Mauricio Pochettino’s grand plan for Tottenham gains credibility
Victory over Middlesbrough gives Spurs upper hand as they prepare to face Liverpool
Mauricio Pochettino gives orders to his Tottenham players during Saturday’s Premier League defeat of Middlesbrough. Photograph: Reuters.
ENGLISH PREMIER LEAGUE
What must please Mauricio Pochettino, and what must worry Jürgen Klopp as Tottenham Hotspur prepare to visit Anfield on Saturday, is that there are more than four points between Spurs and Liverpool at the moment: there is also a credibility gap.
That Liverpool should be on the wrong side of that gap even though “Spursy”, denoting incorrigible flimsiness, is a longstanding entry in the English football lexicon, is a tribute to Pochettino’s redefinition of Tottenham since taking over two and half years ago.
“That opinion makes us very proud because I think Tottenham deserve that respect,” said Pochettino when it was put to him after Saturday’s gradual suppression of Middlesbrough – not his most spectacular feat but a significant one – that his team are now regarded as serious title challengers, not just for this season but for years to come.
“That motivates and inspires us to go forward and try to push on. I think we are building a very strong structure, a winning mentality, and I think it’s not just the players to speak well of, it’s the whole club.”
Pochettino had a head start on Klopp insofar as he has been in his role for more than a year longer than the German has been at Anfield, but, given the culture of flakiness that risked engulfing him when he walked into White Hart Lane, it still seems remarkable that he looks closer to building “a bastion of invincibility”, as Bill Shankly famously put it.
On one level it is daft to mention Shankly at this stage, but, on the other hand, one of the endearing things about Pochettino is that he is unafraid to bugle his grand ambition while – and this is the most important bit – putting together a powerful cavalry.
It was neither arrogance nor delusion that led to him declaring after the win over humble Middlesbrough that his aim is to make Tottenham one of the finest teams on the planet. It was a way of indoctrinating his players, girding them to fulfil their potential. He says they may not quite be there yet – the nine points separating them from Chelsea make that a statement of the obvious – but he is confident in the direction of travel.
“A few trophies, that would be perfect,” he said of medium-term plans. “But we can’t get ahead of ourselves. We need to be patient. We need time to try to create a strong team, a strong club, a strong mentality. A winning mentality, finish the new stadium. At that point we will be ready to fight like now but with more tools and to be one of the best teams in the world.”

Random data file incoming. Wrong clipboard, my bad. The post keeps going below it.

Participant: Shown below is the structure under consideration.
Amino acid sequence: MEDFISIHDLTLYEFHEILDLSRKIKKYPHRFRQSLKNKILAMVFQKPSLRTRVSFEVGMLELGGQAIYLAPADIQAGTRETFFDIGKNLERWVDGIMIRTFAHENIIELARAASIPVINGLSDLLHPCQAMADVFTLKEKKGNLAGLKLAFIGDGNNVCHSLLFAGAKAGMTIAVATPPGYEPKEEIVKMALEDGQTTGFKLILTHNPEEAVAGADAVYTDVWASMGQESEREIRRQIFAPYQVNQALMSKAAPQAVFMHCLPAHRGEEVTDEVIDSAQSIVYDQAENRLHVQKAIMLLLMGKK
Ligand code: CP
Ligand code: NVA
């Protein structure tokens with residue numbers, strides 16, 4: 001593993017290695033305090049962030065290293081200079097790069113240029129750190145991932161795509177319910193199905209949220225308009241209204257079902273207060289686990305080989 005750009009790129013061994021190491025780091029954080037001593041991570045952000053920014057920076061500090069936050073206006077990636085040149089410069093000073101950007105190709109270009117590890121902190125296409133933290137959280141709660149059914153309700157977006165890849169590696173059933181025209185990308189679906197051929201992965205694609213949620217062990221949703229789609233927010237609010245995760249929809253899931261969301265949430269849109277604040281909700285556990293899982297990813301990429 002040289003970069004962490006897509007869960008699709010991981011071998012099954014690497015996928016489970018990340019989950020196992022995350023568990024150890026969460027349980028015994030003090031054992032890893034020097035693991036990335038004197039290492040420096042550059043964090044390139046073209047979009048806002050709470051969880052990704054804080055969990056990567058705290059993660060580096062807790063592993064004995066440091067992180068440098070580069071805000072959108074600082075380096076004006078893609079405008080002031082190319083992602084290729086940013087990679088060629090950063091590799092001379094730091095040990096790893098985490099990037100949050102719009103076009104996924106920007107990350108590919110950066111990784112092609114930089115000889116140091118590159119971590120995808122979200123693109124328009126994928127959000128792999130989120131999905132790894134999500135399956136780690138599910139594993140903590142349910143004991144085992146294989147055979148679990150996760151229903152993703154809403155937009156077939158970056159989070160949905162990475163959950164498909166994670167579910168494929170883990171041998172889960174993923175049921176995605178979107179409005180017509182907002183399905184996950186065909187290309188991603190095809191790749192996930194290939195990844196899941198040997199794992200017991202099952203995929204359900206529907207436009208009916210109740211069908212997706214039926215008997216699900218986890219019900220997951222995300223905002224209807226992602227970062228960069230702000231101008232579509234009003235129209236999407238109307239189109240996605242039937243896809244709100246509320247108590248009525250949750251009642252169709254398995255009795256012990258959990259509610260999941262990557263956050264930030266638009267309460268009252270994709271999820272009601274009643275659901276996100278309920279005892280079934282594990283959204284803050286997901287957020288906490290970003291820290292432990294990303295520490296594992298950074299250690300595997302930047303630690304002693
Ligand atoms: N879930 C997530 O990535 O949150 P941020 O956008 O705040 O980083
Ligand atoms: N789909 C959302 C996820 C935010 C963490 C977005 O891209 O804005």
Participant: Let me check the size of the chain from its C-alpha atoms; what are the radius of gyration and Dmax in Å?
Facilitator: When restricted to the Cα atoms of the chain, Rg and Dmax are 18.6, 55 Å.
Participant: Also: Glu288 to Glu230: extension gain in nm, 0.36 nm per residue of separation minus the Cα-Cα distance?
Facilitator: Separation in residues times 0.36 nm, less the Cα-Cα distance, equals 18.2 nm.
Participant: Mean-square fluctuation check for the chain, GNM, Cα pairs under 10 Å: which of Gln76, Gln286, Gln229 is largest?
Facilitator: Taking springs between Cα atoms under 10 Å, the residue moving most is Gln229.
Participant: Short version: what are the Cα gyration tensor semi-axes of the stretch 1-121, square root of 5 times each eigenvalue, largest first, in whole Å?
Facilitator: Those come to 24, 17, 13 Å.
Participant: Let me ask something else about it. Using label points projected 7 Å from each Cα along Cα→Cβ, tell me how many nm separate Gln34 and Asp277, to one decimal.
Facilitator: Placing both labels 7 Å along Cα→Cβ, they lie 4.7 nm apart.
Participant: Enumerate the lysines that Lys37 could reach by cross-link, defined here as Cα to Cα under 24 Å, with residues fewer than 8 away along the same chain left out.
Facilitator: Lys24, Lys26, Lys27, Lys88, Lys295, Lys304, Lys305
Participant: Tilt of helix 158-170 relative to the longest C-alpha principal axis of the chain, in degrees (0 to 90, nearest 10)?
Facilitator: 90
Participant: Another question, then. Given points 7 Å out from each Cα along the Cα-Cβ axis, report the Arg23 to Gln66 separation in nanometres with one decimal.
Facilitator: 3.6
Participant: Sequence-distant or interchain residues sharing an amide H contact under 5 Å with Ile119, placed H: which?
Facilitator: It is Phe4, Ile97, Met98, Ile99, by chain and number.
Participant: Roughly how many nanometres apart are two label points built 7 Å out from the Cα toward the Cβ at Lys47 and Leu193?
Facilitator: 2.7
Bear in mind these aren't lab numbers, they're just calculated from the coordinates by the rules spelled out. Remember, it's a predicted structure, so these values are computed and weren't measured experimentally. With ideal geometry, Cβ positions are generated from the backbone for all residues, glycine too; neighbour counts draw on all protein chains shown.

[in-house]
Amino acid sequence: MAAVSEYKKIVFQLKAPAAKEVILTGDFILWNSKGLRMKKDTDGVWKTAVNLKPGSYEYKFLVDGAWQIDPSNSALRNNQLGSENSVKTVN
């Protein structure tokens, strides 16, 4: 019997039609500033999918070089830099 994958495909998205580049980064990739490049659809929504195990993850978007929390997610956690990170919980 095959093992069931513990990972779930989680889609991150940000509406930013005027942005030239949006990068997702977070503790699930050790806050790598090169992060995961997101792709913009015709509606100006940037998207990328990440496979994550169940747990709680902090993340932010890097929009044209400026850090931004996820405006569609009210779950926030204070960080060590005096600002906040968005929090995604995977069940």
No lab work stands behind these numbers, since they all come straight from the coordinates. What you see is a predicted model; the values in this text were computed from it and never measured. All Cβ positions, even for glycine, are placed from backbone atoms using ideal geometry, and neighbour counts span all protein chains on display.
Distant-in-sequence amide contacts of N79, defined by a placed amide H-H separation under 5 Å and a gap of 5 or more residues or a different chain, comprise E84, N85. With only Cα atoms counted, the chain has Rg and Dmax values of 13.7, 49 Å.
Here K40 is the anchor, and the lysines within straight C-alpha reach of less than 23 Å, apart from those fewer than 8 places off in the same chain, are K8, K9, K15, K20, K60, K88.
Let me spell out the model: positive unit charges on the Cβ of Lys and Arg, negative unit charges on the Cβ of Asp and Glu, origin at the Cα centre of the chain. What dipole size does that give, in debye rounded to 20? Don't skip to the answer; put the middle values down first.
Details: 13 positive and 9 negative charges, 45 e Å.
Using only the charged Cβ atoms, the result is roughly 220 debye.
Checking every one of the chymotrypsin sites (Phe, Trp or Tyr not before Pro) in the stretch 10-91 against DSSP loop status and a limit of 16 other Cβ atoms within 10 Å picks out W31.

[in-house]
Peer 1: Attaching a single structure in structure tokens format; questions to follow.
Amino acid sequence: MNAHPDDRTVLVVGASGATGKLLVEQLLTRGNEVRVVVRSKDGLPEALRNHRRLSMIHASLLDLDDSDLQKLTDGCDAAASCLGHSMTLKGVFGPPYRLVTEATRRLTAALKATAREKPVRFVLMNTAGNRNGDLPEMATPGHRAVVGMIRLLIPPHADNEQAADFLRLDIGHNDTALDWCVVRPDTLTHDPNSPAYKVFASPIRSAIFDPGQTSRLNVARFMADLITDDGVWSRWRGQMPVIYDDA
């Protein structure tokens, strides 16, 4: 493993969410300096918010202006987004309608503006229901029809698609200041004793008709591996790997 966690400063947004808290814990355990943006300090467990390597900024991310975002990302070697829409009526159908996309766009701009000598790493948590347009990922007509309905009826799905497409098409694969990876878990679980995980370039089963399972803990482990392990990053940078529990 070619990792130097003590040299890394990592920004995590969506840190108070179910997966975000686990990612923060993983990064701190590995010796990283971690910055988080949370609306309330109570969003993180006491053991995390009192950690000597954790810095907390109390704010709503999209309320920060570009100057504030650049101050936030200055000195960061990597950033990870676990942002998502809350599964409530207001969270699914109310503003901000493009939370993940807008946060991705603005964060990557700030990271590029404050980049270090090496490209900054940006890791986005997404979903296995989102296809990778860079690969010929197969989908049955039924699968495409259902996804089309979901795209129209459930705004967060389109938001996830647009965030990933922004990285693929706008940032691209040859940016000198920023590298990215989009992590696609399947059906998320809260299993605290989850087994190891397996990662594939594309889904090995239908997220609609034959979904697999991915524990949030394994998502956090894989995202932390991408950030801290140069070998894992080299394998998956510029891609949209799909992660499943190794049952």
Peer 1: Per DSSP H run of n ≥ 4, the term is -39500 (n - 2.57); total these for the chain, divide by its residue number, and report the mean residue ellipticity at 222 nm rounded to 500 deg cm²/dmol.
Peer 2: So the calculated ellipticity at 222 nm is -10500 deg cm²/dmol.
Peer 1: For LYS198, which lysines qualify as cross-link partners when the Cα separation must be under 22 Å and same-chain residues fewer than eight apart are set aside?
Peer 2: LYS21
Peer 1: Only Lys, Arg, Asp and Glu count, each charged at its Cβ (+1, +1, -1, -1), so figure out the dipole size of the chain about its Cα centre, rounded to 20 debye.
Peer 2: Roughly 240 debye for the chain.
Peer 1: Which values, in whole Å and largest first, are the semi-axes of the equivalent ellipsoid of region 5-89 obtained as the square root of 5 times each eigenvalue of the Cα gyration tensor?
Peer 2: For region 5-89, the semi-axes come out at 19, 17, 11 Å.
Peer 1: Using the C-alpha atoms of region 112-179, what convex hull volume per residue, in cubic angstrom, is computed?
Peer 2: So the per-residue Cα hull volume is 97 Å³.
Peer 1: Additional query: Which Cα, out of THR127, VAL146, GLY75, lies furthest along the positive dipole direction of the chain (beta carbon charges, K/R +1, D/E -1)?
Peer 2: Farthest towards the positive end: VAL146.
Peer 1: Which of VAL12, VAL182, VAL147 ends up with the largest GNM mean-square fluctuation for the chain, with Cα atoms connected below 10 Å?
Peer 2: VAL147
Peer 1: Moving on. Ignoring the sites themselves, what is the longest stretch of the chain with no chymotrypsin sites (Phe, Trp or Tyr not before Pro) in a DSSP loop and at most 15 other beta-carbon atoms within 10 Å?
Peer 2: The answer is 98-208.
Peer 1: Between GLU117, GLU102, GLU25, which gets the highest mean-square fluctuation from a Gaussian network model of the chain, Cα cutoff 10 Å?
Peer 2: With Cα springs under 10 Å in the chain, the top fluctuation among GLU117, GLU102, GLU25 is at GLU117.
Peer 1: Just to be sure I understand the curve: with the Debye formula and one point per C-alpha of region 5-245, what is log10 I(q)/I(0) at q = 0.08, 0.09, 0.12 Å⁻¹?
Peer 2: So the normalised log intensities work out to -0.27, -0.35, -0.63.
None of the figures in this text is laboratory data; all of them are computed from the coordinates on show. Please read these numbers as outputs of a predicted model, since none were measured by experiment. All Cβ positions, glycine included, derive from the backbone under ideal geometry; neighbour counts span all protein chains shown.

The immediate task is to beat Liverpool in their next match and demonstrate why Spurs are ahead of Klopp’s team. Plainly it is because their foundations are more solid.
Spurs may sometimes lack precision in the opposing box – which is why their only goal in their last two matches, against Sunderland and Middlesbrough, was a penalty by Harry Kane – but they do not suffer from chronic malfunctions like Liverpool.
They can keep clean sheets and that helps keep their minds clear. How many defensive players – meaning here goalkeeper, defender or deep midfielders – would Liverpool contribute to a combined XI made up by the two clubs? Maybe Jordan Henderson or Joël Matip on a good day, but probably not.
Now come the caveats. For a start, Spurs will be without two of their first-choice defenders on Saturday because Danny Rose and Jan Vertonghen are injured. Ben Davies generally did well at left-back against Boro but looked uncomfortable on the few occasions that Adama Traoré ran at him, which was in a dazzling manner that Sadio Mané is capable of repeating time after time.
Then there is the fact that Liverpool tend to play better against top teams than they do against supposed inferiors – even in their recent goofy streak their best performances came in the draws against Manchester United and Chelsea and their last league win was against Manchester City at Anfield.
Spurs have not won away to a top-six team this season and their only two defeats of the campaign were at Old Trafford and Stamford Bridge.
And although Pochettino seems to be leading Spurs inexorably upward, having guided them to fifth- and third-place finishes in his first two seasons, and currently has them in second spot with five points more than they had at this stage last season, his young team need to do more to render “Spursy” an entirely antiquated term.
They say they have learned from their late loss of the plot in last season’s title race but they froze in this season’s Champions League when they looked like impostors at Wembley. At Anfield they will have a chance to stoke belief in themselves, and spread doubts about Klopp’s team.